Tuesday, June 18, 2019

Netiquette IQ Security Bulletin SB19-168: Vulnerability Summary for the Week of June 10, 2019
















06/17/2019 06:33 AM EDT

Original release date: June 17, 2019
The US-CERT Cyber Security Bulletin provides a summary of new vulnerabilities that have been recorded by the National Institute of Standards and Technology (NIST) National Vulnerability Database (NVD) in the past week. The NVD is sponsored by the Department of Homeland Security (DHS) National Cybersecurity and Communications Integration Center (NCCIC) / United States Computer Emergency Readiness Team (US-CERT). For modified or updated entries, please visit the NVD, which contains historical vulnerability information.
The vulnerabilities are based on the CVE vulnerability naming standard and are organized according to severity, determined by the Common Vulnerability Scoring System (CVSS) standard. The division of high, medium, and low severities correspond to the following scores:
·        High - Vulnerabilities will be labeled High severity if they have a CVSS base score of 7.0 - 10.0
·        Medium - Vulnerabilities will be labeled Medium severity if they have a CVSS base score of 4.0 - 6.9
·        Low - Vulnerabilities will be labeled Low severity if they have a CVSS base score of 0.0 - 3.9







Wednesday, June 12, 2019

Netiquette IQ Blog Of 6/12/2019 Transformational Grammar
















Richard Nordquist is a freelance writer and former professor of English and Rhetoric who wrote college-level Grammar and Composition textbooks.
Updated February 07, 2019
Transformational grammar is a theory of grammar that accounts for the constructions of a language by linguistic transformations and phrase structures. Also known as transformational-generative grammar or T-G or TGG.
Following the publication of Noam Chomsky's book Syntactic Structures in 1957, transformational grammar dominated the field of linguistics for the next few decades.
  • "The era of Transformational-Generative Grammar, as it is called, signifies a sharp break with the linguistic tradition of the first half of the [twentieth] century both in Europe and America because, having as its principal objective the formulation of a finite set of basic and transformational rules that explain how the native speaker of a language can generate and comprehend all its possible grammatical sentences, it focuses mostly on syntax and not on phonology or morphology, as structuralism does" (Encyclopedia of Linguistics, 2005).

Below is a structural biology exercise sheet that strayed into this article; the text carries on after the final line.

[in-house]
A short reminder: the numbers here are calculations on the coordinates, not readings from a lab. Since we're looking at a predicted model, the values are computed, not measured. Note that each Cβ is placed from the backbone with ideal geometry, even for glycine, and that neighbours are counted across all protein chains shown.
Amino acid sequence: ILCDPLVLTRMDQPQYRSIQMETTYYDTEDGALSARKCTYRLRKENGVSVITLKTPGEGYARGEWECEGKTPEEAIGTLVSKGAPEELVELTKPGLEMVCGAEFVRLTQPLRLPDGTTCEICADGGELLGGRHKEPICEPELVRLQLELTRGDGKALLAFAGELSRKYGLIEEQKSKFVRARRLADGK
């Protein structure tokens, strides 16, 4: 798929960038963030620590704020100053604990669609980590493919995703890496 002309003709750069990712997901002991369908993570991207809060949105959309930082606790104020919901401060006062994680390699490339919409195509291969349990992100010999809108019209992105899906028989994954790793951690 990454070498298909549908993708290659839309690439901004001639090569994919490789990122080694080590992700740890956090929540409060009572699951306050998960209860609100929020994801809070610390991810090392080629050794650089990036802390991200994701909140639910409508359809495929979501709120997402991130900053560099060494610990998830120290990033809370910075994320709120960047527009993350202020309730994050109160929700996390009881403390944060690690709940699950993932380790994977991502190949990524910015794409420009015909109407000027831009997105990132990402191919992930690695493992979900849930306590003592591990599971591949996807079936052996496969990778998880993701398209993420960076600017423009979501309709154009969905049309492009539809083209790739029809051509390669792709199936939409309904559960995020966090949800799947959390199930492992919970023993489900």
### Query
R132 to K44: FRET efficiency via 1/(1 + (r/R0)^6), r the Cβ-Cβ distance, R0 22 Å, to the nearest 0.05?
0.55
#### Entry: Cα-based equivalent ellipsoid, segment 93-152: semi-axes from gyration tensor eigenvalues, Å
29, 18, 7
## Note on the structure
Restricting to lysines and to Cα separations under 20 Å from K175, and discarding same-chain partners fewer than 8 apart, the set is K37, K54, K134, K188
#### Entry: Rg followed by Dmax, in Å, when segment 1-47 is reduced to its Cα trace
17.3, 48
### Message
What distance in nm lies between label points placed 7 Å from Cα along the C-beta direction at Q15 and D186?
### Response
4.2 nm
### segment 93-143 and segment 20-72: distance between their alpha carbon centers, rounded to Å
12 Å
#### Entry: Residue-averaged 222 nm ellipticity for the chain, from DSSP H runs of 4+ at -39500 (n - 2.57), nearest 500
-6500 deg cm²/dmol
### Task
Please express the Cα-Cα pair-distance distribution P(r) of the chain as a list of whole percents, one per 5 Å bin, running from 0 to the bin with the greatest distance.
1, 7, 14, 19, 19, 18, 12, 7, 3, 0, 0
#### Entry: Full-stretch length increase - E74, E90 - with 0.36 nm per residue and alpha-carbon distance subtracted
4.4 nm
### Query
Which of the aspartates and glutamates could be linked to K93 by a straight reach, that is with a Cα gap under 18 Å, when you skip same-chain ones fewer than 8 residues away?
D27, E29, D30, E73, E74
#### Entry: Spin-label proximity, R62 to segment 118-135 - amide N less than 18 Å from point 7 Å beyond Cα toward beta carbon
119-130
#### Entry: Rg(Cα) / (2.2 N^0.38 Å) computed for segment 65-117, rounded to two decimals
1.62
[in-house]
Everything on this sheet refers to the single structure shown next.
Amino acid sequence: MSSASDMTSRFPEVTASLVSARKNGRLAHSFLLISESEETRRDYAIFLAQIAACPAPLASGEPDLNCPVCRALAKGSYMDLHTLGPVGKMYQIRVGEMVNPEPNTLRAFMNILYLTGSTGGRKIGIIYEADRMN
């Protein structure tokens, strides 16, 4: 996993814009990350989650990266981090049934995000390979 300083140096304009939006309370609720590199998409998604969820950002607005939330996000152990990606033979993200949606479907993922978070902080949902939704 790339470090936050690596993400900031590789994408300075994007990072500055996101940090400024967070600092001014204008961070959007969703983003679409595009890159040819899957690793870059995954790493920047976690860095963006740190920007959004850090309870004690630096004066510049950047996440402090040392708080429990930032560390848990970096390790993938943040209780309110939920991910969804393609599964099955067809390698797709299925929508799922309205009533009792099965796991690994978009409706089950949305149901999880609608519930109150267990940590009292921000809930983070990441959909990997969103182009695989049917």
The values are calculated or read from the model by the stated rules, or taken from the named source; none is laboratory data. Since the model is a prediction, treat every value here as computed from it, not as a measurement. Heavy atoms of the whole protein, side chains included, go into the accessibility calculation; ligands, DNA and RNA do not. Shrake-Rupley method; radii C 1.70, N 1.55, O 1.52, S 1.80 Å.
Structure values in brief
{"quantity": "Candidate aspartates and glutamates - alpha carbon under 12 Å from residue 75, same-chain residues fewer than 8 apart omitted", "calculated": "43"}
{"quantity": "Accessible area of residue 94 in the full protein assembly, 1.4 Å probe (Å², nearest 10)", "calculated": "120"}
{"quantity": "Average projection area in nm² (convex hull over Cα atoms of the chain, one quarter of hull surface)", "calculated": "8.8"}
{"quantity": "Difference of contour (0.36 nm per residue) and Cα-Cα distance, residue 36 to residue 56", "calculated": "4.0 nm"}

Observations
  • "The new linguistics, which began in 1957 with the publication of Noam Chomsky's Syntactic Structures, deserves the label 'revolutionary.' After 1957, the study of grammar would no longer be limited to what is said and how it is interpreted. In fact, the word grammar itself took on a new meaning. The new linguistics defined grammar as our innate, subconscious ability to generate language, an internal system of rules that constitutes our human language capacity. The goal of the new linguistics was to describe this internal grammar.
    "Unlike the structuralists, whose goal was to examine the sentences we actually speak and to describe their systemic nature, the transformationalists wanted to unlock the secrets of language: to build a model of our internal rules, a model that would produce all of the grammatical—and no ungrammatical—sentences." (M. Kolln and R. Funk, Understanding English Grammar. Allyn and Bacon, 1998)
  • "[F]rom the word go, it has often been clear that Transformational Grammar was the best available theory of language structure, while lacking any clear grasp of what distinctive claims the theory made about human language." (Geoffrey Sampson, Empirical Linguistics. Continuum, 2001)
Surface Structures and Deep Structures
  • "When it comes to syntax, [Noam] Chomsky is famous for proposing that beneath every sentence in the mind of a speaker is an invisible, inaudible deep structure, the interface to the mental lexicon. The deep structure is converted by transformational rules into a surface structure that corresponds more closely to what is pronounced and heard. The rationale is that certain constructions, if they were listed in the mind as surface structures, would have to be multiplied out in thousands of redundant variations that would have to have been learned one by one, whereas if the constructions were listed as deep structures, they would be simple, few in number, and economically learned." (Steven Pinker, Words and Rules. Basic Books, 1999)
Transformational Grammar and the Teaching of Writing
  • "Though it is certainly true, as many writers have pointed out, that sentence-combining exercises existed before the advent of transformational grammar, it should be evident that the transformational concept of embedding gave sentence combining a theoretical foundation upon which to build. By the time Chomsky and his followers moved away from this concept, sentence combining had enough momentum to sustain itself." (Ronald F. Lunsford, "Modern Grammar and Basic Writers." Research in Basic Writing: A Bibliographic Sourcebook, ed. by Michael G. Moran and Martin J. Jacobi. Greenwood Press, 1990)
The Transformation of Transformational Grammar
  • "Chomsky initially justified replacing phrase-structure grammar by arguing that it was awkward, complex, and incapable of providing adequate accounts of language. Transformational grammar offered a simple and elegant way to understand language, and it offered new insights into the underlying psychological mechanisms.
  • "As the grammar matured, however, it lost its simplicity and much of its elegance. In addition, transformational grammar has been plagued by Chomsky's ambivalence and ambiguity regarding meaning. . . . Chomsky continued to tinker with transformational grammar, changing the theories and making it more abstract and in many respects more complex, until all but those with specialized training in linguistics were befuddled. . . .
  • "[T]he tinkering failed to solve most of the problems because Chomsky refused to abandon the idea of deep structure, which is at the heart of T-G grammar but which also underlies nearly all of its problems. Such complaints have fueled the paradigm shift to cognitive grammar." (James D. Williams, The Teacher's Grammar Book. Lawrence Erlbaum, 1999)
  • "In the years since transformational grammar was formulated, it has gone through a number of changes. In the most recent version, Chomsky (1995) has eliminated many of the transformational rules in previous versions of the grammar and replaced them with broader rules, such as a rule that moves one constituent from one location to another. It was just this kind of rule on which the trace studies were based. Although newer versions of the theory differ in several respects from the original, at a deeper level they share the idea that syntactic structure is at the heart of our linguistic knowledge. However, this view has been controversial within linguistics." (David W. Carroll, Psychology of Language, 5th ed. Thomson Wadsworth, 2008)